Hard working, determined, and well prepared, the Cardinal rises up among the candidates to the Papacy
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In 2007, when Dom Odilo Scherer (an Auxiliary Bishop at the time) was appointed Archbishop of São Paulo and six months later created a Cardinal by Benedict XVI, the meteoric rise did not come as a surprise in Brazil.
Following his work as General Secretary of the National Conference of Bishops of Brazil (CNBB) from 2003 to 2007 – be it due to his polished training, his calm demeanor, or his firm authoritativeness when needed – people already saw in him a man prepared to take up São Paulo, one of the largest and most important archdioceses in the world, with more than 6 million Catholics.
If elected Pope, again, it would be no surprise for the faithful of São Paulo: they know that their Archbishop is a man prepared to be the successor to the Chair of St. Peter.
At 63, considered young and strong enough to deal with the huge demands of the next pontificate, Odilo Scherer is pointed out as the strongest Latin American candidate to succeed Benedict XVI.
The seventh of 13 brothers with parents of German origin, he was born in 1949 in Cerro Largo, Brazil. He grew up in Toledo (Paraná), studying and working in the fields. His family's strong Catholic tradition favored the awakening of his vocation from early on.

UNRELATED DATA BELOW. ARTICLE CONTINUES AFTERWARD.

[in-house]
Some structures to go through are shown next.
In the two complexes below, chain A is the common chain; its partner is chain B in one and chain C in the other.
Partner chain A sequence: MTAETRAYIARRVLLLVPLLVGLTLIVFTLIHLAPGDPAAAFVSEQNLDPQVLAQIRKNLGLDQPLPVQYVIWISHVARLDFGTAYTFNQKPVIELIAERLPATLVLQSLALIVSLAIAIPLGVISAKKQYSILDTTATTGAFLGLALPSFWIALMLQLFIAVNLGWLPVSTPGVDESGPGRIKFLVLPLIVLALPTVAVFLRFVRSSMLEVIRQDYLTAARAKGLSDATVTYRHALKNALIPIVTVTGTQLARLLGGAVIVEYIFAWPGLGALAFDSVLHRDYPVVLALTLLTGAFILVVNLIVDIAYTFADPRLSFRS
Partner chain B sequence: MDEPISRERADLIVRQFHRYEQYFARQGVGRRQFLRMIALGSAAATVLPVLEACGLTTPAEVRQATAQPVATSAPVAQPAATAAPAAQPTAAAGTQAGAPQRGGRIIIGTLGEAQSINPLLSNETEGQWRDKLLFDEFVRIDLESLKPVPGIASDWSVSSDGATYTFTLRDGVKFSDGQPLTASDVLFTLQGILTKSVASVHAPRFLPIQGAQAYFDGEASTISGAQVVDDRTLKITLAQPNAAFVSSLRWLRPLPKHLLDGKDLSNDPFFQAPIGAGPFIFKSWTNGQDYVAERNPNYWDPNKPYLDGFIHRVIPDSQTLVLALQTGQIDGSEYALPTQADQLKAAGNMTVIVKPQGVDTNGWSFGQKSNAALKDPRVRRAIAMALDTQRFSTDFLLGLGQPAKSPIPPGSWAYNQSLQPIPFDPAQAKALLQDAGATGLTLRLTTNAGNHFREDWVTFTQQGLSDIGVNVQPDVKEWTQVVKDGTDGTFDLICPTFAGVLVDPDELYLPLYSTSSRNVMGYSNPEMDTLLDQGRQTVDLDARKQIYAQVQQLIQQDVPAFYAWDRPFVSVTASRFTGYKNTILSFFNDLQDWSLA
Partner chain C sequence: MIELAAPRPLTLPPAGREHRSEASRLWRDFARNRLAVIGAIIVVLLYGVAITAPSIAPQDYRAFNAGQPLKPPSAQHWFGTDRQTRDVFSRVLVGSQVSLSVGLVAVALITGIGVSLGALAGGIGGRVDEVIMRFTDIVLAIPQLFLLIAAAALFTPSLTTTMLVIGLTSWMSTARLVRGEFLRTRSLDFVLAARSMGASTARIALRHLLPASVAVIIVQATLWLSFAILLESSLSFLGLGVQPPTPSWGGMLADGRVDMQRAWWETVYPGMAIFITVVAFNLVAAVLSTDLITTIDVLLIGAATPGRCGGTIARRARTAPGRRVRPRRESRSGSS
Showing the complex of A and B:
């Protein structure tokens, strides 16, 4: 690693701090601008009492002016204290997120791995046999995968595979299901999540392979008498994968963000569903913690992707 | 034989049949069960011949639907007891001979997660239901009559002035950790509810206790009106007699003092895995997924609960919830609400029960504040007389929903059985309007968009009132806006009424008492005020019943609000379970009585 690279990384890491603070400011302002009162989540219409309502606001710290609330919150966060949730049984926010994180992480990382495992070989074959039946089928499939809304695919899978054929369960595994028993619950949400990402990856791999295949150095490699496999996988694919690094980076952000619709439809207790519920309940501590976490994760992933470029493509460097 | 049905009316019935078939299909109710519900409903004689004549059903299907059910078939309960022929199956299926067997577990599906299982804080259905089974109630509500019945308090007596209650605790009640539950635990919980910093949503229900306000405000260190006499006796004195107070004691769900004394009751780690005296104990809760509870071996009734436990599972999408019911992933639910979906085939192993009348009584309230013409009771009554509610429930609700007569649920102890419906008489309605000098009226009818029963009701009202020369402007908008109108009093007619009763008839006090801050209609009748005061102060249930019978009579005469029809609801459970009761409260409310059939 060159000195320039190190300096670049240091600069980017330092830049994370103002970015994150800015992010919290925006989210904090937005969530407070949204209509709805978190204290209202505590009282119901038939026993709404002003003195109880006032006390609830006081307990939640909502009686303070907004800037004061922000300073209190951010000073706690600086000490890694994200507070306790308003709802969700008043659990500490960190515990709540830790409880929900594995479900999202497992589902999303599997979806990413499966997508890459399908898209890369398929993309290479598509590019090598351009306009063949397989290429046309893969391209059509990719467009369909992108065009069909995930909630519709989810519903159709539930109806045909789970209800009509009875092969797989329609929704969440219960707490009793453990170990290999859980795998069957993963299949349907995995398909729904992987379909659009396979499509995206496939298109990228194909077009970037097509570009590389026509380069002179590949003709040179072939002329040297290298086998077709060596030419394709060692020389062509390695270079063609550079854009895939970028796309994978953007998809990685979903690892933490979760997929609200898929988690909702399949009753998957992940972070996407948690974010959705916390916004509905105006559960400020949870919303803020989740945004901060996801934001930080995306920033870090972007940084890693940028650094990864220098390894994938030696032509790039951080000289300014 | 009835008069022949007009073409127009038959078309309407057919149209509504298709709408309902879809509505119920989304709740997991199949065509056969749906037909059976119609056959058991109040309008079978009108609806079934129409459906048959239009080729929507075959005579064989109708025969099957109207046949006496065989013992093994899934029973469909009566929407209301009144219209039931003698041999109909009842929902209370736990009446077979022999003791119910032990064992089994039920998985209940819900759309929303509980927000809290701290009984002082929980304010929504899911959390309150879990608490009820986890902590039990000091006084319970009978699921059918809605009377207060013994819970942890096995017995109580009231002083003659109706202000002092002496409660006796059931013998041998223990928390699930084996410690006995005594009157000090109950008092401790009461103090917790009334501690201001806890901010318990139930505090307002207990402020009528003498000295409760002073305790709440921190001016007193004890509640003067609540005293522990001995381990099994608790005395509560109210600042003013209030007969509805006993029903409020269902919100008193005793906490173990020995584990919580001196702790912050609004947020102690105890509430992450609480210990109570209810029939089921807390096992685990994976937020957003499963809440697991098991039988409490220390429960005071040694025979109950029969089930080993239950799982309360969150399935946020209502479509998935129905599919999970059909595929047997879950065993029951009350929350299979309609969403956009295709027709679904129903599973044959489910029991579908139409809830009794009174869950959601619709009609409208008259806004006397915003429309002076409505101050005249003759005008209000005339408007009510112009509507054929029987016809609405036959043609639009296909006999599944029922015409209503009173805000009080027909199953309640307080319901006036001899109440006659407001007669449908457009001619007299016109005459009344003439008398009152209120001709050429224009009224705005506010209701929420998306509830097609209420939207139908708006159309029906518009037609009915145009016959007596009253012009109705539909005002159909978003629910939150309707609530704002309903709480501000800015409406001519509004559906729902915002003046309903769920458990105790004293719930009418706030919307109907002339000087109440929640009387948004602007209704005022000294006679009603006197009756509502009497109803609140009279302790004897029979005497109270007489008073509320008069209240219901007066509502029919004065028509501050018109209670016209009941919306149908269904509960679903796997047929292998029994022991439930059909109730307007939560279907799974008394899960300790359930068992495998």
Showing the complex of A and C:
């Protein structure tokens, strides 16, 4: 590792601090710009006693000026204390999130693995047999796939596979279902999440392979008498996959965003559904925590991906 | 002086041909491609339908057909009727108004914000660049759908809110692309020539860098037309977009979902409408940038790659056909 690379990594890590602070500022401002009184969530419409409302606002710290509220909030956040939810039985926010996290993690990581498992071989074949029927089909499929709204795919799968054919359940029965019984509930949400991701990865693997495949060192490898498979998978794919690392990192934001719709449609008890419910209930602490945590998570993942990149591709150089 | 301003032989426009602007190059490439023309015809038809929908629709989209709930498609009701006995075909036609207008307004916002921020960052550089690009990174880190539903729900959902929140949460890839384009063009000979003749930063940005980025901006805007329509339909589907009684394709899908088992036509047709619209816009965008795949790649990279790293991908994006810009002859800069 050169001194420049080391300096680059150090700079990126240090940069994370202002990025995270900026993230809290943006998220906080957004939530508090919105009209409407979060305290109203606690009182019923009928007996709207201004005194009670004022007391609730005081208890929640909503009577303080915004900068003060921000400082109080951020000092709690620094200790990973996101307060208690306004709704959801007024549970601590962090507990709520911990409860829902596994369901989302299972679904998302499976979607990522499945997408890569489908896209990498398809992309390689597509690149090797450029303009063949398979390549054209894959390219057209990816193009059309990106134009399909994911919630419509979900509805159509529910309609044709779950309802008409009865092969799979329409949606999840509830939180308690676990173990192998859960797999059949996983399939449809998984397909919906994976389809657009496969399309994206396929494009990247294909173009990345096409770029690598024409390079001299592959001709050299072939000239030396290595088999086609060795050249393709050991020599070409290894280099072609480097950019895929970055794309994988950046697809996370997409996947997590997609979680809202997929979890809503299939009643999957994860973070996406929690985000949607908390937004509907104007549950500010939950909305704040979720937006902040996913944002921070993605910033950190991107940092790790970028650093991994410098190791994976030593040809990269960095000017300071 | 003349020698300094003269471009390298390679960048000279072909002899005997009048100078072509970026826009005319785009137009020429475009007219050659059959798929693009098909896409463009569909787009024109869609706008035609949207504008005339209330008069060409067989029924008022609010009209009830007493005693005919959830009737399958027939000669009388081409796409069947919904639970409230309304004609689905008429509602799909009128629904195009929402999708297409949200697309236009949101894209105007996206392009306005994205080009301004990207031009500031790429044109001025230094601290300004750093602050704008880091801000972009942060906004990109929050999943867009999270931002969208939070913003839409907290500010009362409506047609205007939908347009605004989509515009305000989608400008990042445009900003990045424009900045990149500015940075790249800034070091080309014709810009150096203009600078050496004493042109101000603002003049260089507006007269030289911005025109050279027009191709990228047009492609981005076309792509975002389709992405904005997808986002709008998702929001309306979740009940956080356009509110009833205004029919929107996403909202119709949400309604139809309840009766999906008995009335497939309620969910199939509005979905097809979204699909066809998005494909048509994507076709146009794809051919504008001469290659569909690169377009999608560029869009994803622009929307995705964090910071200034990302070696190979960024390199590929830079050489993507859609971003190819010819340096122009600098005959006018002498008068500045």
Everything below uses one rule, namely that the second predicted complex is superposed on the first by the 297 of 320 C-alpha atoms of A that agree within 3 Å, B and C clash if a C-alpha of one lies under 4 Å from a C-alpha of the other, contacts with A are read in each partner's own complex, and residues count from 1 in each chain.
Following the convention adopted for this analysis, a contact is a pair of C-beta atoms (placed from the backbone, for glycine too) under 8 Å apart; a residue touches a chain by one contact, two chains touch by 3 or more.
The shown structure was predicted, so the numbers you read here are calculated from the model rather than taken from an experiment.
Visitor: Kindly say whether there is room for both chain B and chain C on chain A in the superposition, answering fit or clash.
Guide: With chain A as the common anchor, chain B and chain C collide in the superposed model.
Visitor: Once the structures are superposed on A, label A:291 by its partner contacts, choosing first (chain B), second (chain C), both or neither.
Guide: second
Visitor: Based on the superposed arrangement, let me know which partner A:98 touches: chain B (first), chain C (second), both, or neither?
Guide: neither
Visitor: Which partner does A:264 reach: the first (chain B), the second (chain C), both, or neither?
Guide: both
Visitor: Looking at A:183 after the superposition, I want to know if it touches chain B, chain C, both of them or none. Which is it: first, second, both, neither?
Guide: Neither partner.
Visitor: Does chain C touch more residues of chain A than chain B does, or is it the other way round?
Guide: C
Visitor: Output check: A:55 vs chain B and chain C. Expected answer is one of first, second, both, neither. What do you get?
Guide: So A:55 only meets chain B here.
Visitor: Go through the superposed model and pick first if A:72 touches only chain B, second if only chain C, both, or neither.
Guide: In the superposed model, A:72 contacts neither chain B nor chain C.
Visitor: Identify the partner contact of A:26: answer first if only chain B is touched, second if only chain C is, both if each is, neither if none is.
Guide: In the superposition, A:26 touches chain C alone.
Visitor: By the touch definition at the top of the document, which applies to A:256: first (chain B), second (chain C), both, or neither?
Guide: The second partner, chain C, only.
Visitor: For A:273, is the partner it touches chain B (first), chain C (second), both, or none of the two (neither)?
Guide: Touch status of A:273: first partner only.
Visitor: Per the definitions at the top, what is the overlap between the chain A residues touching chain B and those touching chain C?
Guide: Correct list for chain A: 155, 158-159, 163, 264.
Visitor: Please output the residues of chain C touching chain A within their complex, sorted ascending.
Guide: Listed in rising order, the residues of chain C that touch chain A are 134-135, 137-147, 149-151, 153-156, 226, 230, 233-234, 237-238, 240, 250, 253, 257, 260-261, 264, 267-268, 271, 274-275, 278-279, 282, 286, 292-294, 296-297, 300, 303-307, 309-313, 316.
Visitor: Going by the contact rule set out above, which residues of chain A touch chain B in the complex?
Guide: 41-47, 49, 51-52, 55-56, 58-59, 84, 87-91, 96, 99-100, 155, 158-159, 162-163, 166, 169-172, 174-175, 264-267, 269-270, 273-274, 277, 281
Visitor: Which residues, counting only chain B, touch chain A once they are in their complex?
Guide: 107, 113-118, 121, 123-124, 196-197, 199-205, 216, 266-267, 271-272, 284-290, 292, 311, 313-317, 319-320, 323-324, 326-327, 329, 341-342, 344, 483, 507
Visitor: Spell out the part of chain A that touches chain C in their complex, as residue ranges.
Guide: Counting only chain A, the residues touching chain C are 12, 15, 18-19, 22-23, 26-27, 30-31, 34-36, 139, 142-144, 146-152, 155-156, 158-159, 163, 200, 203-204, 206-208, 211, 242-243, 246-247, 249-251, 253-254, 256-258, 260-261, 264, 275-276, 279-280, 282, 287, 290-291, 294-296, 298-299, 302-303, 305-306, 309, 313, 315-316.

After doing basic training in philosophy and theology at Curitiba and being ordained a priest thereafter, Scherer performed his pastoral work mainly as a seminary rector and professor. He obtained his Master's Degree and Doctorate at the Gregorian University in Rome.
He lived in France and Germany, learned English in Ireland, and built up his Spanish and Italian, as well as the languages most commonly used by ecclesiastical scholars: Latin, Greek and Hebrew. It is common to see him listen to different editions of Vatican Radio with the same ease, be it in Portuguese, English, French, Italian, Spanish or German.
Dom Odilo Scherer also has a long history serving in important roles in the Church. He was General Secretary of the CNBB when, weeks before the visit of Benedict XVI to Brazil in May 2007, he received the appointment as Archbishop, becoming the Pope's host. Already in the 90s, he had worked for over seven years as an officer of the Congregation for Bishops in the Vatican.
Those who live close to Scherer highlight his profile as a hard worker, efficient and determined, but open to dialogue. He is always firm when it comes to defending the Church’s beliefs, the laity's presence in politics and the importance of the Church’s voice in public debate.
In the Roman Curia, he is a member of the Congregation for the Clergy, the Pontifical Councils for the Family and the Promotion of the New Evangelization, the Pontifical Commission for Latin America and the Council of Cardinals for the Study of Organizational and Economic Problems of the Holy See.
He also forms part of the Pontifical Commission of Cardinals for the supervision of the Institute for the Works of Religion, commonly known as the Vatican Bank, a function that shows that he is a man trusted by Benedict XVI.
If the Cardinals decide to formulate a name outside of Europe, Dom Odilo certainly emerges as one of the strongest candidates. The question remains of whether the time has come for the Church to have a Latin American Pope – a man who would be a significant representative of the developing world in which the Catholic faith, in spite of challenges, still shines in its fervor, devotions and fraternal spirit.